I remember having a little more time on my hands in the last few months and I was looking online and for different planters and pots. I started looking for geometric shapes and I found some great DIY blog posts and videos that inspired me to do it. I felt like I was taking a leap because it was something I didn’t really know about but I wanted to try it. You know when you want to try something for the first time but you have doubts asking whether or not it’s worth it? I really questioned myself, but I ended up buying the molds and supplies, and I didn’t really know what I was doing at first and I just kept watching the tutorials over and over and when I tried it, it turned out pretty good. It was a lot of fun and it’s definitely been a different avenue of creativity I haven’t explored yet. I’ve done photography and it’s all visual and digital, but there’s something about holding something tangible and solid that you made from scratch. It’s a whole different feeling and I’ve been having a lot of fun with it!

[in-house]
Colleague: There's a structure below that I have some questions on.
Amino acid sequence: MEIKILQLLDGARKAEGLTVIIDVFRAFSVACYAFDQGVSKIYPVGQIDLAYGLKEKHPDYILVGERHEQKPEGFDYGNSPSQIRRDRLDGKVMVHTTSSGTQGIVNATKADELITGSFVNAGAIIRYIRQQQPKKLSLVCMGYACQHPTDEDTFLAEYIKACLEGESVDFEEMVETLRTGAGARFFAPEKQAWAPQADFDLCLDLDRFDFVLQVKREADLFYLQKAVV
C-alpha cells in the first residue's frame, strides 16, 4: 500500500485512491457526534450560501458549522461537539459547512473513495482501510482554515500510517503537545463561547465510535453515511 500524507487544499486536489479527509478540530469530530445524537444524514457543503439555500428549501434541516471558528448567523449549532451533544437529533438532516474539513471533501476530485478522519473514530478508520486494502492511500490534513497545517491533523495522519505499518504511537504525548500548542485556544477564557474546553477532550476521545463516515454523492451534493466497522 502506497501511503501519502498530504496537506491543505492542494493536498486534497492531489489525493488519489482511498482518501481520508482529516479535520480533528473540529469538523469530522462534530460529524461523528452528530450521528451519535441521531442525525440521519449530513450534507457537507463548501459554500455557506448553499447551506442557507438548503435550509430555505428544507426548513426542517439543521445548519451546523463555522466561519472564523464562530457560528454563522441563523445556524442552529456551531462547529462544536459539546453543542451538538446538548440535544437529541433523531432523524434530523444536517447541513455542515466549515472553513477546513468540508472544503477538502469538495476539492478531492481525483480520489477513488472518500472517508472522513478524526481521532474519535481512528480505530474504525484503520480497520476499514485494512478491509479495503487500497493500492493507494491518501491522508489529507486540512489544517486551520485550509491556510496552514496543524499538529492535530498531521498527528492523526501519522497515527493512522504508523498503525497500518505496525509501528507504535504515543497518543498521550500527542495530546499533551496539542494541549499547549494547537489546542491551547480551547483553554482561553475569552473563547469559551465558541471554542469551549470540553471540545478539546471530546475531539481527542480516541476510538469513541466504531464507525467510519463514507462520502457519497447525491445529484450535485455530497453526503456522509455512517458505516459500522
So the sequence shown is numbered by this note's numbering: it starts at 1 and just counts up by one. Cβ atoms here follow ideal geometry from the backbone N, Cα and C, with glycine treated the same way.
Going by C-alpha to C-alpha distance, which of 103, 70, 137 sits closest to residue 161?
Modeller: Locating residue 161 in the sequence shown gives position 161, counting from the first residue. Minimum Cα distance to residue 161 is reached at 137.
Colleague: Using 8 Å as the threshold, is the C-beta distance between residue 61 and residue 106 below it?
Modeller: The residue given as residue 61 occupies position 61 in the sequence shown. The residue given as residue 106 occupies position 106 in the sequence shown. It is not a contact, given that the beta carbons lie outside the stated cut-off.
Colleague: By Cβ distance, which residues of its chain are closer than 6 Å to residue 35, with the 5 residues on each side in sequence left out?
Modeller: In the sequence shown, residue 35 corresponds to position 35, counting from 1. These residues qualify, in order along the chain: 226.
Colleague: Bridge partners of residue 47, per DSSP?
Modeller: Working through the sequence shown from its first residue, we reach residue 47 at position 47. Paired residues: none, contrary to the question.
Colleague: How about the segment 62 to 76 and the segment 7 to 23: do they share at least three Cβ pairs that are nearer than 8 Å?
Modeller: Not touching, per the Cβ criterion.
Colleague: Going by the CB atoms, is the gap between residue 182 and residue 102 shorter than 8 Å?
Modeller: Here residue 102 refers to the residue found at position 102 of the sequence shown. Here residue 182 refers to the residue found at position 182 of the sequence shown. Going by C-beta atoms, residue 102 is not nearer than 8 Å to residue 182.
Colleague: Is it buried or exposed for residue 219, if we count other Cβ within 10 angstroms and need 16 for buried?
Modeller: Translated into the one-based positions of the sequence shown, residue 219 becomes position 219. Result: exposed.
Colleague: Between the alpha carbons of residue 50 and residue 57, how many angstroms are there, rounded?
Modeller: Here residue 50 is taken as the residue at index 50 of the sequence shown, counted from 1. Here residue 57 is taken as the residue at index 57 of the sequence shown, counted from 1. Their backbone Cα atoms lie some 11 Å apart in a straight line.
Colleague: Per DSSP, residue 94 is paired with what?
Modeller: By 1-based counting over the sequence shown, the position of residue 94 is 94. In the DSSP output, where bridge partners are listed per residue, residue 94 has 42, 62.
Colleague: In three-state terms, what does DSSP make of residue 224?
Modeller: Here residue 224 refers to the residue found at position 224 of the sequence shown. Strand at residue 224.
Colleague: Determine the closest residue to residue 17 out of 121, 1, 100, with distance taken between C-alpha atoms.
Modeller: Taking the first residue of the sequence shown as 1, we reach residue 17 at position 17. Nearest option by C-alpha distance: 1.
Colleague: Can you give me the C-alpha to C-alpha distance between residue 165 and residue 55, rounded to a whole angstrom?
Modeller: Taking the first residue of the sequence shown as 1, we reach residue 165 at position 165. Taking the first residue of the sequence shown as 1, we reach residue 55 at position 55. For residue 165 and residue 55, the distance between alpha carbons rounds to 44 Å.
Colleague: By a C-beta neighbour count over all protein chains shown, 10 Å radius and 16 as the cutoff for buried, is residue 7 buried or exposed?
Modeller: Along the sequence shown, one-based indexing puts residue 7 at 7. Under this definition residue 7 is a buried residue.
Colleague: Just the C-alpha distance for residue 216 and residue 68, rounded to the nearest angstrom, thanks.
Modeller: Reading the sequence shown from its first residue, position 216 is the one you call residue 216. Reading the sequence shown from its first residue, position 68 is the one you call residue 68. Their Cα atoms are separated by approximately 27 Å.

It gives me a different aspect to explore aside from photography. The process can take a day or two, because depending on the mix with colors and combinations, some look great and some aren’t that great. It’s all been trial and error throughout the process.
I always thought I’d work in a gallery or big museum and that I’d move to LA or New York, anywhere with a bigger art scene. I feel like the art scene here in San Diego is definitely growing and I felt like if I can make it here, I can make it anywhere. And with the direction the art scene is going here, it’ll keep growing the way it needs to. Everyone moves away that once they get to that point, they leave instead of staying.